With great stubbornness, I held off on installing a diffuser for these past 4 and a half years. I had a carbon fiber replica diffuser from Shine Auto at the very beginning, but removed it immediately in favor of the simpler look of the factory valence. Since my direction was to achieve a clean, understated look with the exterior aesthetics, I think it was the flashiness of the giant piece of carbon fiber glitzing the underside of the rear end that caused a clash. Once I removed it, I never looked back… until now.

As progression was made and the car grew increasingly modified, it naturally followed a more aggressive look and has now reached a point where the explicitly preserved rear end is suffering from being too underwhelming by comparison. With all of the exterior modifications around the rest of the car, it was time to enter back into the fold and consider a diffuser to keep in flow. Over the years, I casually surveyed all of the available diffuser options and found a few interesting choices, especially the one from DAMD in Japan. In the end I could not deem an alternative to be more preferable and I still sided with the tried and true RE-Amemiya Street diffuser. I believe it stands as the quintessential choice for a stock body RX-7.

In order to not repeat history, although now under a slightly different context, I decided to go with the plainer FRP version this time. There was a reason why my first go around with the diffuser created discomfort and lead me to removing it so hastily. As aforementioned, having a prominent blanket of carbon fiber hanging from the rear was too ostentatious for my liking. And since I settled on FRP over carbon fiber, I placed an order for the diffuser directly with RE-Amemiya in Japan, who only makes it in the former type of material. The Shine Auto replica or counterpart is prolific, especially in the United States, so it was hard to find an application of an actual RE-Amemiya diffuser installed – except to go for it myself.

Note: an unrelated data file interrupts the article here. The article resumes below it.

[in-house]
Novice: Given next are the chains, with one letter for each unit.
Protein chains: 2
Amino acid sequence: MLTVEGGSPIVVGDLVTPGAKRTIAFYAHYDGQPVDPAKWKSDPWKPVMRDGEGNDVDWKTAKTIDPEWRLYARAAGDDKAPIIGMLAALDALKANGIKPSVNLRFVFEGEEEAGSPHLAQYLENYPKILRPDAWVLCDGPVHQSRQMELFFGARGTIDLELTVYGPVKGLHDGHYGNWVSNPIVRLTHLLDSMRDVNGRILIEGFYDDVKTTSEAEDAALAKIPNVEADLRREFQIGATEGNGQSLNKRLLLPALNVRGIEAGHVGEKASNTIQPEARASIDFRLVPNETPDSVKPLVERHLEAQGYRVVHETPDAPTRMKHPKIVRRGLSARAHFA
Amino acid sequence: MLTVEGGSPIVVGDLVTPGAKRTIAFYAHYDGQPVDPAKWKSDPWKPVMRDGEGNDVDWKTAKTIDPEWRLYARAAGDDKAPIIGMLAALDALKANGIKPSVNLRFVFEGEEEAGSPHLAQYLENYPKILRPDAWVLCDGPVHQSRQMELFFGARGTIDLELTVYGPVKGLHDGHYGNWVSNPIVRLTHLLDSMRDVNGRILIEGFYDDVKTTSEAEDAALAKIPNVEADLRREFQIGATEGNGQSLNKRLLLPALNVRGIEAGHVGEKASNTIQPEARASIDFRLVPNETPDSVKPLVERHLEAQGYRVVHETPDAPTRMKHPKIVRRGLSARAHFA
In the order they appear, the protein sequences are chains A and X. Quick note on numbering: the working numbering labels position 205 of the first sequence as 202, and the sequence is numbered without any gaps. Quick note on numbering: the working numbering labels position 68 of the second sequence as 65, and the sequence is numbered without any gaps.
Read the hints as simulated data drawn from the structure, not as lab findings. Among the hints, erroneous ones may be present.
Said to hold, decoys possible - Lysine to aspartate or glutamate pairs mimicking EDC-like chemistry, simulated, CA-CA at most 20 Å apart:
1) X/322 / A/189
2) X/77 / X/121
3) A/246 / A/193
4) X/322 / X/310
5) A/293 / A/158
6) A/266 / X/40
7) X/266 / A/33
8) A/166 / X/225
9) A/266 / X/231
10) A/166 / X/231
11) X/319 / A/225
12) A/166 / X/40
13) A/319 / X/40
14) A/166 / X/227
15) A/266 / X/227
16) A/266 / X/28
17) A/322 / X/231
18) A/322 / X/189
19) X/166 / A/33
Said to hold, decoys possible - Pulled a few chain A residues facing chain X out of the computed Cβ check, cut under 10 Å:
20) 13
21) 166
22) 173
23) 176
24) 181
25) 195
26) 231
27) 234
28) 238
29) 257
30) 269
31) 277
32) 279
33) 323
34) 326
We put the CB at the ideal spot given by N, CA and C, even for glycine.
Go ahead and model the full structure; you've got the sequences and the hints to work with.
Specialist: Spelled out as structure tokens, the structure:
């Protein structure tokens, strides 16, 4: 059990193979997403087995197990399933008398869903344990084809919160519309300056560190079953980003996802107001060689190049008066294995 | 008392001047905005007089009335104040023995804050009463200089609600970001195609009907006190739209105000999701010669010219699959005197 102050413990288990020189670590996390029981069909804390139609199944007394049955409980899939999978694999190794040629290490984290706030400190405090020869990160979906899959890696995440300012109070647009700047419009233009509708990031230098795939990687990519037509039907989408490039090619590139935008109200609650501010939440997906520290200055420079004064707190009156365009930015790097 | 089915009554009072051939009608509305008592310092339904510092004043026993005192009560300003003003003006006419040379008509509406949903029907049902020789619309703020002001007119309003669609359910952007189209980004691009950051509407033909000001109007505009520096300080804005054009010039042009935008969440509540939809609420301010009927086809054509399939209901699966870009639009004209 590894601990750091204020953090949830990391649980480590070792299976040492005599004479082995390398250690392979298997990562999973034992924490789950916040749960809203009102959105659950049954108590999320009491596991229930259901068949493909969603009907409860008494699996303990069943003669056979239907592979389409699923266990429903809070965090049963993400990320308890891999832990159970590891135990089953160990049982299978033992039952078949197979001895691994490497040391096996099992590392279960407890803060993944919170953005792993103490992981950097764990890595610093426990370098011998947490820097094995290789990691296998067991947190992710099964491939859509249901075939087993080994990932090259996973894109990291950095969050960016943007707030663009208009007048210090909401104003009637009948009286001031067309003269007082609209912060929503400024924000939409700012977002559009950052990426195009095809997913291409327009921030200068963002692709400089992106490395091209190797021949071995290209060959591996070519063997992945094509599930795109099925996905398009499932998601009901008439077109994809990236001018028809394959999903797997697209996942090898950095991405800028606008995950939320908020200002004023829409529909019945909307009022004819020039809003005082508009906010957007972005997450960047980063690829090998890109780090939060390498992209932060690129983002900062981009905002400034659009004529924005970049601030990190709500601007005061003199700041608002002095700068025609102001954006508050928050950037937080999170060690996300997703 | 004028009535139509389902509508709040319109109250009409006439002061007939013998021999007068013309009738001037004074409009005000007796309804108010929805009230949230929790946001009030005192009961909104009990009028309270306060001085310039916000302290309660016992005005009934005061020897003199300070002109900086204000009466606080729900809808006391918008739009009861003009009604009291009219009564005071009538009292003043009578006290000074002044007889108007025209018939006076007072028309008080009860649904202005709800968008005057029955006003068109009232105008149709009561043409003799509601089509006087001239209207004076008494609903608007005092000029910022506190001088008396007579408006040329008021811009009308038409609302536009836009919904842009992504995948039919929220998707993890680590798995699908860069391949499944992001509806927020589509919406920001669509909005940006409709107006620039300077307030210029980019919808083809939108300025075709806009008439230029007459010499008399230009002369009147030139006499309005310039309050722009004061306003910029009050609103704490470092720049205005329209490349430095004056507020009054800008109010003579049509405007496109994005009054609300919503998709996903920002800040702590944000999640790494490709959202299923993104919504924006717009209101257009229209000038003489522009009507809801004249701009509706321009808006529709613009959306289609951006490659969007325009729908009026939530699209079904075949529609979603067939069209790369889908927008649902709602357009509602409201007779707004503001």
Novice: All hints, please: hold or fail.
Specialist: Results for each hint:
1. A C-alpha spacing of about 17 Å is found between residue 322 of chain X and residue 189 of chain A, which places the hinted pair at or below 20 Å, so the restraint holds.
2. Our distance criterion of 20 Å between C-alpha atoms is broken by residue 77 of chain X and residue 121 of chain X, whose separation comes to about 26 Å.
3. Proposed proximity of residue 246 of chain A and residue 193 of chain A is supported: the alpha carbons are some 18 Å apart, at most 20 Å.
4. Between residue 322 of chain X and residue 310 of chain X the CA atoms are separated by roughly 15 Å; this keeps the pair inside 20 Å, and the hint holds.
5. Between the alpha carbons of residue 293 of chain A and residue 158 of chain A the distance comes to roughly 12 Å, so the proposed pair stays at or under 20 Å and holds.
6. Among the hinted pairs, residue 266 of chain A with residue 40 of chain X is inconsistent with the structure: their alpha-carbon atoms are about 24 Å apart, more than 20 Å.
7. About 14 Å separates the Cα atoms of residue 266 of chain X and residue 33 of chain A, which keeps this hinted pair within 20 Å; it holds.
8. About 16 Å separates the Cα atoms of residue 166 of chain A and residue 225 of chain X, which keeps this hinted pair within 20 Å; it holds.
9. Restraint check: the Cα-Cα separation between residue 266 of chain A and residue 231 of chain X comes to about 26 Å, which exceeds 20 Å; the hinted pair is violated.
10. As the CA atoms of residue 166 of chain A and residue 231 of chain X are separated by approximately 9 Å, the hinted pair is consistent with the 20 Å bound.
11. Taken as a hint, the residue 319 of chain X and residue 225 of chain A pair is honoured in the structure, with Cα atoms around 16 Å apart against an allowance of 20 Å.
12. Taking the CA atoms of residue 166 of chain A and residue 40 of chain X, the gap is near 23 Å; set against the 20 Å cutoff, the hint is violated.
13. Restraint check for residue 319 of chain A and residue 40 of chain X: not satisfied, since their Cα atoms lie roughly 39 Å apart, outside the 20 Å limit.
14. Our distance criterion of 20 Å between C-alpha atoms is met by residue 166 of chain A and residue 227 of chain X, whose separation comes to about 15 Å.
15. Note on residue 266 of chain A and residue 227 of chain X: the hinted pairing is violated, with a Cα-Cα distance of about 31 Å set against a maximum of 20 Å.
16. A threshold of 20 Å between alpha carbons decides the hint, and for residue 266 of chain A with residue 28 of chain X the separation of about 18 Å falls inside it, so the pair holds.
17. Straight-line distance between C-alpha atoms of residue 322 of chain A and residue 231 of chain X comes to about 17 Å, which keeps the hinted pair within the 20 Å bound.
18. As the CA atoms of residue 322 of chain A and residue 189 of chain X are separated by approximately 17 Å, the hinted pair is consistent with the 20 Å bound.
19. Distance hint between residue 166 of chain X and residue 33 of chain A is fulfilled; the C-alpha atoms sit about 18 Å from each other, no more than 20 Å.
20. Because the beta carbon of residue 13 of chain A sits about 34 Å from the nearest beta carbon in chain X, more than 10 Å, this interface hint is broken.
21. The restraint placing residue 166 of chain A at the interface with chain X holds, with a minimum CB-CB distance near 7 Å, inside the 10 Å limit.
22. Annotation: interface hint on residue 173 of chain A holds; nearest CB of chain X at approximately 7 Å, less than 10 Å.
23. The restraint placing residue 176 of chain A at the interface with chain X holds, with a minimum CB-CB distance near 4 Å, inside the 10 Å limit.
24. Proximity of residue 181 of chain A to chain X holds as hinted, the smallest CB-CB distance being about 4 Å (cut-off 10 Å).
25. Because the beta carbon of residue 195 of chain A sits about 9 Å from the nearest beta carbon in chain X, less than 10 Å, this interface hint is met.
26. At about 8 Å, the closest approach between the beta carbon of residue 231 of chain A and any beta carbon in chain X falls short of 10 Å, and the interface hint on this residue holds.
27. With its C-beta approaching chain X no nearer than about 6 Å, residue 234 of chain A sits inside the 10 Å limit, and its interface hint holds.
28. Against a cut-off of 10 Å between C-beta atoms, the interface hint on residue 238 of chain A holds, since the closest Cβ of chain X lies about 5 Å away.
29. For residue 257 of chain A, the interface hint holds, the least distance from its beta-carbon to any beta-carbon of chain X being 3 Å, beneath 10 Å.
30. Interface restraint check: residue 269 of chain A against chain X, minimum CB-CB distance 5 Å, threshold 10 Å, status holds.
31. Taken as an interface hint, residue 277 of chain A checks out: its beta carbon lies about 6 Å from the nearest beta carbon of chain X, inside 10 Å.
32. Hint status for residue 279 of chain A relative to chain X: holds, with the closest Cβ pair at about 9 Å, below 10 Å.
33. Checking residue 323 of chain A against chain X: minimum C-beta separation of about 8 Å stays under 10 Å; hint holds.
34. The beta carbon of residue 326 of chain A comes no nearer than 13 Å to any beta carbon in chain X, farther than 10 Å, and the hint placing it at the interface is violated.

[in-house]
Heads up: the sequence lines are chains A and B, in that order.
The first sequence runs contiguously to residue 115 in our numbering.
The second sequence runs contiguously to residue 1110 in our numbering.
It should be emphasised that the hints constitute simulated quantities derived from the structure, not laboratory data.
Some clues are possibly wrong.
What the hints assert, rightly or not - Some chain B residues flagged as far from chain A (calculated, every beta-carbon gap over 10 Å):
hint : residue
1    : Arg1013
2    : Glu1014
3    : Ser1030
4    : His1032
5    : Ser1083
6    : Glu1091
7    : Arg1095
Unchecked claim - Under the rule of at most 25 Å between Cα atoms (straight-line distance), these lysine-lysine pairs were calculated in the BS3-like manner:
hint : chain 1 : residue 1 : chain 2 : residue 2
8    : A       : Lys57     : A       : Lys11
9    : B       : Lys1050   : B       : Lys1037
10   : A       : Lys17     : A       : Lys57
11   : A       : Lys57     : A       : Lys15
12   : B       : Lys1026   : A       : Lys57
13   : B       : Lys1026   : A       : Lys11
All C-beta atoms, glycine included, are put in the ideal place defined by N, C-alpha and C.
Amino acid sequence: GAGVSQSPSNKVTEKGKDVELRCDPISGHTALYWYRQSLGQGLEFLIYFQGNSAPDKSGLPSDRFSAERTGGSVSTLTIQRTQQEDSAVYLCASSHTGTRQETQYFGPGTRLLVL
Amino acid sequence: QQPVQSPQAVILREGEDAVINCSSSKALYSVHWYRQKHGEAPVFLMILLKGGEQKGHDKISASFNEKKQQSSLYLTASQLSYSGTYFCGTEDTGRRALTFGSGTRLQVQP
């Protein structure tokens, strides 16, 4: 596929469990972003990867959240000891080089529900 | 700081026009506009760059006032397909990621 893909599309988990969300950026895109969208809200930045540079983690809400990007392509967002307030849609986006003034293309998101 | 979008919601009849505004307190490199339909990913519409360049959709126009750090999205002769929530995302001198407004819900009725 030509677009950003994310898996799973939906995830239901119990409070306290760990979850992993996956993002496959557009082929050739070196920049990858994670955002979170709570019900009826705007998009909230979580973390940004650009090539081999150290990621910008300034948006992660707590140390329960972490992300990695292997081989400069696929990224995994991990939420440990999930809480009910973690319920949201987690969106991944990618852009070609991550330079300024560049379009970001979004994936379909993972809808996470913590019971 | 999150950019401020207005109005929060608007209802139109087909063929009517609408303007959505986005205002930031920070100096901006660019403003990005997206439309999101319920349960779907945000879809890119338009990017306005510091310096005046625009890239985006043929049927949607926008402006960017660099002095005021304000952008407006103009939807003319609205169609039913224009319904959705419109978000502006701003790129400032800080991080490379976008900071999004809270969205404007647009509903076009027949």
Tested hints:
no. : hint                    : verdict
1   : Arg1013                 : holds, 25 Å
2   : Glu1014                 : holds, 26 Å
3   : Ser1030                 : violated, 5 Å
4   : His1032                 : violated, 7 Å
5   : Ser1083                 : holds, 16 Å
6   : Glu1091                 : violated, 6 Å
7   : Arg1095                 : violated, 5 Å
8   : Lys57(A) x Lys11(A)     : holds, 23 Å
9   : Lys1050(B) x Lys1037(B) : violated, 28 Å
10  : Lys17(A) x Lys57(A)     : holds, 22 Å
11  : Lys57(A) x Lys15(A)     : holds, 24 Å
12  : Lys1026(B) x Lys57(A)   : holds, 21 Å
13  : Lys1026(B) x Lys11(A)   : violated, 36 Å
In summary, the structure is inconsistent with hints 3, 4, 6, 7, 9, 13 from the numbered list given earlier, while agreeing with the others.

Within about a month, a freshly molded diffuser arrived at my painter’s doorstep and was ready for prep work. They come with a black gel coat which many people install straight away, but I wanted to make sure all minor imperfections were fixed and smoothed out.

Here it is after primer and sealer.

Once the initial prep work was ready, the diffuser was ready for fitting before the final spray. I drove my car over to the shop, sans gauge cluster and all.

I asked to have it sprayed in a satin black, but the color ended up coming out closer to a semi-gloss black. So after all that work, the finish of the diffuser circled back to being like the original gel coat – until you’re about 5 feet away, of course. Either way, the tone of the black is dark and the diffuser fit up well, a quality that I was especially keen on finding out.

I had the rear mudflaps removed and then reinstalled over the diffuser, following its line as closely as possible to flow together.

Another cool feature of the RE-Amemiya version is the addition of tow hook cutouts. I was able to retain my driver side rear tow hook.

Overall, the fitment and construction were great. The predrilled holes lined up and the install came out clean.

2 thoughts on “RE-Amemiya Street Diffuser

  1. Wow, that looks so nice! Perfect compliment to the rear of the car without being gaudy or over the top. Nicely done!

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